Fear of privatization grew quickly. Business owners began to hoard consumer products, believing inflation would soon raise costs and products would be worth more in a matter of days. Why sell now when the price could triple by next week and more money could be made? Supermarket shelves went bare. People began to panic. The reforms announced by Perez caused an immediate raise in gas prices, based on a fear of the oil industry being privatized. Consumers were instantly affected, and reacted.
THE BIG EXPLOSION
On February 27, 1989, the people took to the streets. The protests began in Guarenas, a suburb of Caracas, as commuters boarded public transportation in the early morning hours, only to find out bus fare had gone up overnight. The rejection of the price hikes was widespread, and protests rapidly became violent. Tensions were extremely high. Buses were overturned by angry riders refusing to pay the increased and unjust fare. Word spread quickly to other areas of Caracas and riots broke out everywhere.
Stores that had been hoarding products for weeks were looted by hungry and angry residents, disgusted with business owners for hiding the products from consumers so they could raise costs. Hunger was the most visible incentive of the protests. Looters weren’t stealing expensive goods, they were taking meat, cheese, milk and other food products that had disappeared from stores in the days before. Demonstrators began to organize and fill the downtown streets, calling on the President to react to the unrest and concern of his followers.
But President Perez chose to respond with force, and not with dialogue. He called out the National Guard and the police and ordered them to use lethal force to repress the protests.
The security forces under the command of Perez went into the poor neighborhoods of Caracas and shot on sight. In some instances, their machine gun fire entered homes and killed women cooking in the kitchen, or children taking naps or playing in the parks. It was a cruel and perverse way to eradicate poverty. Thousands were killed –massacred– on the days of February 27 and 28. Mass gravesites were dug and bodies were thrown in and covered up so that the true number of dead will never be known. A state of emergency was imposed and constitutional rights were suspended – indefinitely.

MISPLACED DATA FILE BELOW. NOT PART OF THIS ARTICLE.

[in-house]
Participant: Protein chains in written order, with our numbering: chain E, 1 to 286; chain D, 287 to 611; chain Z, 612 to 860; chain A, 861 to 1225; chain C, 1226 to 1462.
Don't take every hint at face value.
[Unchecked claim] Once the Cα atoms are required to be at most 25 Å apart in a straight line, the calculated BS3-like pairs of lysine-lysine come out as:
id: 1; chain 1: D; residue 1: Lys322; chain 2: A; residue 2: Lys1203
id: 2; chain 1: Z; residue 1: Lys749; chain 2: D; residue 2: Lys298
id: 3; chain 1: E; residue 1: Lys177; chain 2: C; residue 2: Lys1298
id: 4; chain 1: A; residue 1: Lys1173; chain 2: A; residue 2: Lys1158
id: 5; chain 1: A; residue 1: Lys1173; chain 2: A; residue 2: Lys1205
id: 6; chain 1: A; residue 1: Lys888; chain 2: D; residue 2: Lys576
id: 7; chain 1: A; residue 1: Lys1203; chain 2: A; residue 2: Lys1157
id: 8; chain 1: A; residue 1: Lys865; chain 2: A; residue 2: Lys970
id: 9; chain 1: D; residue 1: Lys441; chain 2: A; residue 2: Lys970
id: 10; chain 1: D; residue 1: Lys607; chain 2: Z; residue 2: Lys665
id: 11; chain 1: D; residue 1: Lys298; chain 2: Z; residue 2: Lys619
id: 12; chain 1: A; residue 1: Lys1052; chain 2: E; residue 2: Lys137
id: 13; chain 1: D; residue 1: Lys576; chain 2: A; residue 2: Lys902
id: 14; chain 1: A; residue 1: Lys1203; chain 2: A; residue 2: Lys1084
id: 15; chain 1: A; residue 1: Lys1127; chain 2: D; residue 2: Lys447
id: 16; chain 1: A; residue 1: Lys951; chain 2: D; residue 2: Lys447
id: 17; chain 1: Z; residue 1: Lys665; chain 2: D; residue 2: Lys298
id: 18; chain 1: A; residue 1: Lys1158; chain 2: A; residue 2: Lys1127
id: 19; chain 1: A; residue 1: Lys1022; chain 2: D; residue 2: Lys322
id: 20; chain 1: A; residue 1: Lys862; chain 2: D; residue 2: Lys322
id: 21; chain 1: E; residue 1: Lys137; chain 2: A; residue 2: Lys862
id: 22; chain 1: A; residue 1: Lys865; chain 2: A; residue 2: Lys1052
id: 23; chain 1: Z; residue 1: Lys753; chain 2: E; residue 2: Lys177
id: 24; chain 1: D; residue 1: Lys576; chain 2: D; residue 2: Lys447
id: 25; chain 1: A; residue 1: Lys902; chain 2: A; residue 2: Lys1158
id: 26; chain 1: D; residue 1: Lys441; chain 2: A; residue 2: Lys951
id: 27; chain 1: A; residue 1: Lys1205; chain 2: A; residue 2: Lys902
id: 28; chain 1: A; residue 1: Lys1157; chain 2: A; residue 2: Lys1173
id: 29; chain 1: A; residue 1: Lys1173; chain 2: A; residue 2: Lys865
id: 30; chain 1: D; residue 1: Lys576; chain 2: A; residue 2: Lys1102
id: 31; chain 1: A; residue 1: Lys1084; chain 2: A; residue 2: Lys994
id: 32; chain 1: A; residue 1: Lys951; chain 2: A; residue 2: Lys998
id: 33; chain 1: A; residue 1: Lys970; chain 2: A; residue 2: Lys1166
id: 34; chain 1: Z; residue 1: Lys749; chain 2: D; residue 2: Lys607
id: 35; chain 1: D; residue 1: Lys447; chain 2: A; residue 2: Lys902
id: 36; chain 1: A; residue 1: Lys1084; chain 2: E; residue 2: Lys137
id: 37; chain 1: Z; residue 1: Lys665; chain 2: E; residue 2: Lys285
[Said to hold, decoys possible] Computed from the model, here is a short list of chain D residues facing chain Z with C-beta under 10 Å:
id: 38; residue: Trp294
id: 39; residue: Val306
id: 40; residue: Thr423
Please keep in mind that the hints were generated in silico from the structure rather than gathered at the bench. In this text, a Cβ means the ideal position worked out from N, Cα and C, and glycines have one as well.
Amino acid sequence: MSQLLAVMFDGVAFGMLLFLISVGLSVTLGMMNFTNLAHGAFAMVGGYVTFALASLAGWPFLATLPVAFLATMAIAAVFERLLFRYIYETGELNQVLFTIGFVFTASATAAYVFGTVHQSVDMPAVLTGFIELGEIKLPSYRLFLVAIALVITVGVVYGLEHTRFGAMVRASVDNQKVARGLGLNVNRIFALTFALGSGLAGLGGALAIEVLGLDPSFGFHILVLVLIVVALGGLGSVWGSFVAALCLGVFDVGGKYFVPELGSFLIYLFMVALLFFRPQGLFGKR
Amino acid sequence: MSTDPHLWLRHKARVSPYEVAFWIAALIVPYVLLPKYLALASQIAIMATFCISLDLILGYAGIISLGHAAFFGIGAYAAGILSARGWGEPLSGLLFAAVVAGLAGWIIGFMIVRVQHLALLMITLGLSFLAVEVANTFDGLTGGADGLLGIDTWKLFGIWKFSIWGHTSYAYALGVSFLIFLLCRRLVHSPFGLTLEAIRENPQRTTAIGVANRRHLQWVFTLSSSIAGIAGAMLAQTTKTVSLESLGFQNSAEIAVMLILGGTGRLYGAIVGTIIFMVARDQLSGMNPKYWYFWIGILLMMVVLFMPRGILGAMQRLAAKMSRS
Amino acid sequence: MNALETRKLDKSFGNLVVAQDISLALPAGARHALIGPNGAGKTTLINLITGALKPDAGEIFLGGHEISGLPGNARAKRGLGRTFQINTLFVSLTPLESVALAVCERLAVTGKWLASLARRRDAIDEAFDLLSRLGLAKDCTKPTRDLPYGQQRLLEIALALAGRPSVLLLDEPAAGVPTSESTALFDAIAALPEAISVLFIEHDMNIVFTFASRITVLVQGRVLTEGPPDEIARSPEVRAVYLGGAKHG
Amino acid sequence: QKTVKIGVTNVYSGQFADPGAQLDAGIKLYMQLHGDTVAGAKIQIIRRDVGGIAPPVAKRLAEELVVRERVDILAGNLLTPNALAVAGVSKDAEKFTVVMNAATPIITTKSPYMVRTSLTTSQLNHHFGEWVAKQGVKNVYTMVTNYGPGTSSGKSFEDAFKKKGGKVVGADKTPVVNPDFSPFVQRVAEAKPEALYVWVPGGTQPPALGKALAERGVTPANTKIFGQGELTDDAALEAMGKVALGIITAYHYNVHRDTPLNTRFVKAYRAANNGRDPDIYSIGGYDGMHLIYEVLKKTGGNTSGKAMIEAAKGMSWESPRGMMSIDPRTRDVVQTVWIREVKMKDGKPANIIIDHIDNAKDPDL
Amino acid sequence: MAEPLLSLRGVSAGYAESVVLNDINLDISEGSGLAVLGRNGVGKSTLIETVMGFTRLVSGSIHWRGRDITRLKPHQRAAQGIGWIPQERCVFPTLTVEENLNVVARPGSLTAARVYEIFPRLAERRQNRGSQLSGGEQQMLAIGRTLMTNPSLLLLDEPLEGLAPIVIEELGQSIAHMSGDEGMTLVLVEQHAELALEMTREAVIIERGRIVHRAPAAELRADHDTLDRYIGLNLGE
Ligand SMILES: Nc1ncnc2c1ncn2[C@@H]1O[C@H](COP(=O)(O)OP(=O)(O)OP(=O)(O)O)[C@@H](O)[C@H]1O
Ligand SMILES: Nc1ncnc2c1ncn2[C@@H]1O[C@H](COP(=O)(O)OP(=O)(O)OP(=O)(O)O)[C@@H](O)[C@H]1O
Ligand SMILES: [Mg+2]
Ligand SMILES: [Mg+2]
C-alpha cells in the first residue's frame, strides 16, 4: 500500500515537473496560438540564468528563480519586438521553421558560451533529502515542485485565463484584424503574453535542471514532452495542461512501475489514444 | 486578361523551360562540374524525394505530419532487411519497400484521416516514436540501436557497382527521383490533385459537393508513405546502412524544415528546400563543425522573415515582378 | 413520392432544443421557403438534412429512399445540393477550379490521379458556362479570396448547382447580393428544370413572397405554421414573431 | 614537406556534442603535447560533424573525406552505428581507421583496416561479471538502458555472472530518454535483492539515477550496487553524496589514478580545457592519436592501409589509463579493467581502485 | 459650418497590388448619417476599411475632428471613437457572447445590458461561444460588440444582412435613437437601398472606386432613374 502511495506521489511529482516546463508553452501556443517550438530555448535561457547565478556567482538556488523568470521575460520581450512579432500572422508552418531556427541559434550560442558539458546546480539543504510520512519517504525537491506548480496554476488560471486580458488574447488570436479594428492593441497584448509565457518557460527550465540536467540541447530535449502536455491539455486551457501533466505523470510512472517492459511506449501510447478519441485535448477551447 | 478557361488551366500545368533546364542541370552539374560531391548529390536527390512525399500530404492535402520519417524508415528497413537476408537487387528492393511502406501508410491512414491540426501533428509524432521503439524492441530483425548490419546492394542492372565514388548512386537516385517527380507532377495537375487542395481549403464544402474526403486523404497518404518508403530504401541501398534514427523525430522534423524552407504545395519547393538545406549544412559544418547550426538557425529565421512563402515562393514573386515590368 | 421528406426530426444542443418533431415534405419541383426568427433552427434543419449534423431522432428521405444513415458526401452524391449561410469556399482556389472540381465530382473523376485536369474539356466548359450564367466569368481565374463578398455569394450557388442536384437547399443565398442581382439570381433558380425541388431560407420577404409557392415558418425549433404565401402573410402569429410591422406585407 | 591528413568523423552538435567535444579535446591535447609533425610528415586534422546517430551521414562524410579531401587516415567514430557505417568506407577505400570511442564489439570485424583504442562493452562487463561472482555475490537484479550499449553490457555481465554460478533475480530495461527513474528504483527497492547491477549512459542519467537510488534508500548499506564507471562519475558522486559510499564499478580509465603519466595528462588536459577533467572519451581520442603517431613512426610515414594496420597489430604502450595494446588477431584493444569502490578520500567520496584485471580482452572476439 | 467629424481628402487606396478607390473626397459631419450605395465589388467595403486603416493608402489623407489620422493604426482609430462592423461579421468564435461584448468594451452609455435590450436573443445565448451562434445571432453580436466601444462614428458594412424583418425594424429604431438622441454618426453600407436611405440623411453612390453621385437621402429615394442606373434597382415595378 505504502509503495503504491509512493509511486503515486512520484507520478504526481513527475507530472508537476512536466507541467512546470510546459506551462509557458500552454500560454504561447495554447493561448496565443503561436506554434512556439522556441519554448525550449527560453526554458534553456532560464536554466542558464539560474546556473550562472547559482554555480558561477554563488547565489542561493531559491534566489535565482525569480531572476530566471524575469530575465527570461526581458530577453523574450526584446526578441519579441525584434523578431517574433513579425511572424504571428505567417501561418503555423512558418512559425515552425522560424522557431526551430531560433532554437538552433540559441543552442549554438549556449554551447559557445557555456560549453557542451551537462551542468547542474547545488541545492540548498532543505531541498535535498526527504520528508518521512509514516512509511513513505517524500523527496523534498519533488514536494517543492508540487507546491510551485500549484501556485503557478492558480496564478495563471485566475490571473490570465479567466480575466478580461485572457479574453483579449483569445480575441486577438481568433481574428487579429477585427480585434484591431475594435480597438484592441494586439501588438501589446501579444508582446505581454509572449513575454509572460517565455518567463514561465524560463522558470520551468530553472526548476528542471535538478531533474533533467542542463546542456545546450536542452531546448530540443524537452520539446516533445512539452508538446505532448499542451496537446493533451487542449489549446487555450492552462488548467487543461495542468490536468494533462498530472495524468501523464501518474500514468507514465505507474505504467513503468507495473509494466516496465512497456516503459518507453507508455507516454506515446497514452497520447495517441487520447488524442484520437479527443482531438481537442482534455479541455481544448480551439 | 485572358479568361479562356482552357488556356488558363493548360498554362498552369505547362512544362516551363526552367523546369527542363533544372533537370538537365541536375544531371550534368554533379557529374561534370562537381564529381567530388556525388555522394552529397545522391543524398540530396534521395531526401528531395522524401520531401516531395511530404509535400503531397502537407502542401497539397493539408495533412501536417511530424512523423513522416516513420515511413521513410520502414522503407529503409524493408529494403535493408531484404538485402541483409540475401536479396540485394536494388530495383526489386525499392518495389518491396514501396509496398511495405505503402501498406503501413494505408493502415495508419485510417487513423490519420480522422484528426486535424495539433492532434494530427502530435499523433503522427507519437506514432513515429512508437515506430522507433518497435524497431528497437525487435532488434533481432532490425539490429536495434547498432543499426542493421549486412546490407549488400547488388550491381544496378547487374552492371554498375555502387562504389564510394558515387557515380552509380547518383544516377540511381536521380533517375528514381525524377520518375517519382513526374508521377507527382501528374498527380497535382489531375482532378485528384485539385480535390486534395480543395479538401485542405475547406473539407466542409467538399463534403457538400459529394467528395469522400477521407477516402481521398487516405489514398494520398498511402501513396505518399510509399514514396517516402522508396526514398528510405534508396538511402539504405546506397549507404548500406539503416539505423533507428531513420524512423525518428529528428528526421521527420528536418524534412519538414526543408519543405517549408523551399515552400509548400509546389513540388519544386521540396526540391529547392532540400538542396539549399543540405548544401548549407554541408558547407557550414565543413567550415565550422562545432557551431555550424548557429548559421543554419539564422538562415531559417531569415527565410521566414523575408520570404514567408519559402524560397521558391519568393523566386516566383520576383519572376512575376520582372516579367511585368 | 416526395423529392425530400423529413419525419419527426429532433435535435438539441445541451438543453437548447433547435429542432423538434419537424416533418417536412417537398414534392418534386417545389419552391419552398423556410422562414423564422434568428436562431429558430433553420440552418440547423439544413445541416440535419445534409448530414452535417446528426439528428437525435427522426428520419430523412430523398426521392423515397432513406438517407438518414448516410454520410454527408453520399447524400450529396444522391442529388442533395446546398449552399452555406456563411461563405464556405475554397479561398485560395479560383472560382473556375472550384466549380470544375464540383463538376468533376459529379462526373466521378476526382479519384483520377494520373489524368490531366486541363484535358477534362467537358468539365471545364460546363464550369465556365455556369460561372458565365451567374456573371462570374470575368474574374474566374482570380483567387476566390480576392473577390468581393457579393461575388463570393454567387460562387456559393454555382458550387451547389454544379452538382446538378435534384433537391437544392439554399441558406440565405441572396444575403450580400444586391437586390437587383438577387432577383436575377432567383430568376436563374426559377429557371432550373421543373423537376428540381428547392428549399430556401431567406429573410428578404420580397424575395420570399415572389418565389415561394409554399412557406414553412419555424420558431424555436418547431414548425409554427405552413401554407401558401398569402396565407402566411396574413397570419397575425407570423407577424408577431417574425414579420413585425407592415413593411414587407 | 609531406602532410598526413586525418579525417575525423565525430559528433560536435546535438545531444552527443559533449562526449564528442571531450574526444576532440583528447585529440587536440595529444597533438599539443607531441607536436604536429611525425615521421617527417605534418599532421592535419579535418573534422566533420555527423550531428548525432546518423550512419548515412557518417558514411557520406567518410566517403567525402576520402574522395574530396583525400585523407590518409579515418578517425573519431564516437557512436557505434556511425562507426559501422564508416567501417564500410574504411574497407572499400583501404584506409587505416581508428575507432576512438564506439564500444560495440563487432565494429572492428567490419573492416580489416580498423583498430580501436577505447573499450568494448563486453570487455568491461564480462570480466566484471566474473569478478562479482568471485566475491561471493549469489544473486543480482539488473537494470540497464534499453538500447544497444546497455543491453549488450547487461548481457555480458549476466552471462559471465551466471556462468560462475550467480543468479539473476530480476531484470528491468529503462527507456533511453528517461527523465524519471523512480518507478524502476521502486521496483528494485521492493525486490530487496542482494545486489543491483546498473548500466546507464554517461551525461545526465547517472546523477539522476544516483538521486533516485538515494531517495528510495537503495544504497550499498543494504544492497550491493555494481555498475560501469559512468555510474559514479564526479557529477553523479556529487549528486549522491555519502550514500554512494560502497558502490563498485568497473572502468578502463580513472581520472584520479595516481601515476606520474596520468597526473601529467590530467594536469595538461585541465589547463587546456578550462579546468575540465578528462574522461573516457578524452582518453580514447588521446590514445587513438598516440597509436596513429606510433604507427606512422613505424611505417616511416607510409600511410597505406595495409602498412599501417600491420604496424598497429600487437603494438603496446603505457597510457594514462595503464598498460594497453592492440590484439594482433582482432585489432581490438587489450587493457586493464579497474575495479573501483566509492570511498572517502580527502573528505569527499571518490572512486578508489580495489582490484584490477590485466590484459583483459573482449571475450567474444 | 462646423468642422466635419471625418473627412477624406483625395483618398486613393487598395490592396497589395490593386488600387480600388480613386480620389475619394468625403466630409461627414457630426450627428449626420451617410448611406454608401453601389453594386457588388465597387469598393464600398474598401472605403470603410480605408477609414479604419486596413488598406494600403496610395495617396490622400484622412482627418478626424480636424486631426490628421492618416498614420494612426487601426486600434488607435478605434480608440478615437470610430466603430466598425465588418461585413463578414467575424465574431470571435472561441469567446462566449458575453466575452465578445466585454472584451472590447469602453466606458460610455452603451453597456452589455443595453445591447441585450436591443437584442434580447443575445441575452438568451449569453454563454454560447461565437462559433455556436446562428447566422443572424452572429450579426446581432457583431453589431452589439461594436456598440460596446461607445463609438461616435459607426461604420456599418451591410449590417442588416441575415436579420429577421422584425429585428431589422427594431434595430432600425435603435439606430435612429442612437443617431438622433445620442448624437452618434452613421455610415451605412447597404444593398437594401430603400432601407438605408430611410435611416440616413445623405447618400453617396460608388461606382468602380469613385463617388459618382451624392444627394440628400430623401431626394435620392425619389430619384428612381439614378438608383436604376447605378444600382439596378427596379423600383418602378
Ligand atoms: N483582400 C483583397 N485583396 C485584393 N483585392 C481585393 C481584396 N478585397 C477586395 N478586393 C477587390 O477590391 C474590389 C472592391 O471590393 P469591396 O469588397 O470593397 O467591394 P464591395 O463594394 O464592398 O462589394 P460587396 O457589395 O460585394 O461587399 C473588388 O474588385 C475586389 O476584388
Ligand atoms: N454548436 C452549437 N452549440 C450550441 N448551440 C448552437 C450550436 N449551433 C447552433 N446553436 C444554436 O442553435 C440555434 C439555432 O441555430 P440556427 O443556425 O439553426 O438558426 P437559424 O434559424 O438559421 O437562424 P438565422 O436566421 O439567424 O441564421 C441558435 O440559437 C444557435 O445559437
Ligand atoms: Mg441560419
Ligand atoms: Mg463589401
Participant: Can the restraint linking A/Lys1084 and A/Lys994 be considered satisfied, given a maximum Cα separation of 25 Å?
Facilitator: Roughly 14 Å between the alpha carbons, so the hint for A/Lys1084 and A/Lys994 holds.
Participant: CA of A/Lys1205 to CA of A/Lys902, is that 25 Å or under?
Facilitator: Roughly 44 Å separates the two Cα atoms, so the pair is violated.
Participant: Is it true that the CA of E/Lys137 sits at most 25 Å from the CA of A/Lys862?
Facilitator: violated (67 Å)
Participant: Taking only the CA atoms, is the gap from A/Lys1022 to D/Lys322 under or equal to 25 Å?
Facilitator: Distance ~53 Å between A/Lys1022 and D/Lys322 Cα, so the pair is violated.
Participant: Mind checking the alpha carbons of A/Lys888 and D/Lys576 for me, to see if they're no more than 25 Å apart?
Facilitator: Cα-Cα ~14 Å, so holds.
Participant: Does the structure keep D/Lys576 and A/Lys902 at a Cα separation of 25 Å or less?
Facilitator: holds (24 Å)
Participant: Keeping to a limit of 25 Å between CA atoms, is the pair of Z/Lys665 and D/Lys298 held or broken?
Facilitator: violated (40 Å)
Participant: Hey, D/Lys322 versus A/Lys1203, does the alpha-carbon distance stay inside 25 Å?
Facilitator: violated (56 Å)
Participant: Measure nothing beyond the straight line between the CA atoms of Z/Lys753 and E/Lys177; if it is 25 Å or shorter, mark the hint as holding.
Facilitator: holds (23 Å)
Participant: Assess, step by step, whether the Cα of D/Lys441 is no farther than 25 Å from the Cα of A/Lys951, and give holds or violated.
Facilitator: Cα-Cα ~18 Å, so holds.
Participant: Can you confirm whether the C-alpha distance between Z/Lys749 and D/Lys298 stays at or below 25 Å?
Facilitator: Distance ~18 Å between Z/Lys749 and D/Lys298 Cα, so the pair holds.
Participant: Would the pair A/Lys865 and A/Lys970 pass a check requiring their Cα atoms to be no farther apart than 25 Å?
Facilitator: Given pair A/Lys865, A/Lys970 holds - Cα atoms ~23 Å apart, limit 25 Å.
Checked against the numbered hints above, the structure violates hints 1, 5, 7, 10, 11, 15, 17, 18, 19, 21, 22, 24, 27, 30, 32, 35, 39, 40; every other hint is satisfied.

The event left the nation bitter, mourning for the loss of thousands of brothers and sisters, but also for the loss of dignity. Perez had handed the country over to multinationals and killed all those that opposed him.
THE REVOLUTION BEGINS
Despite the immense tragedy that took place on February 27, 1989 - today remembered as the Caracazo (the big Caracas explosion) - the date is seen as the beginning of the Bolivarian Revolution. It was the first mass, spontaneous people’s uprising against neoliberalism and privatization – against imperialism and capitalism. Three years later, a Lieutenant Colonel in the Venezuelan Army, by the name of Hugo Chavez, led a military rebellion to overthrow the murderous and corrupt government of Carlos Andres Perez.
The February 4, 1992 insurrection failed, and Chavez was imprisoned, but Perez’s government began to rapidly fall apart. On November 27, 1992, another military uprising attempted to oust Perez, but also failed. Months later, Venezuela’s Congress impeached Perez for corruption and placed him on house arrest. He later fled the country as a fugitive from justice, arriving in Miami. Carlos Andres Perez has never returned to Venezuela again, but the Bolivarian Revolution has lived on and continues to grow and prosper. Those whose lives were lost to the brutal and repressive policies of the past will always be remembered.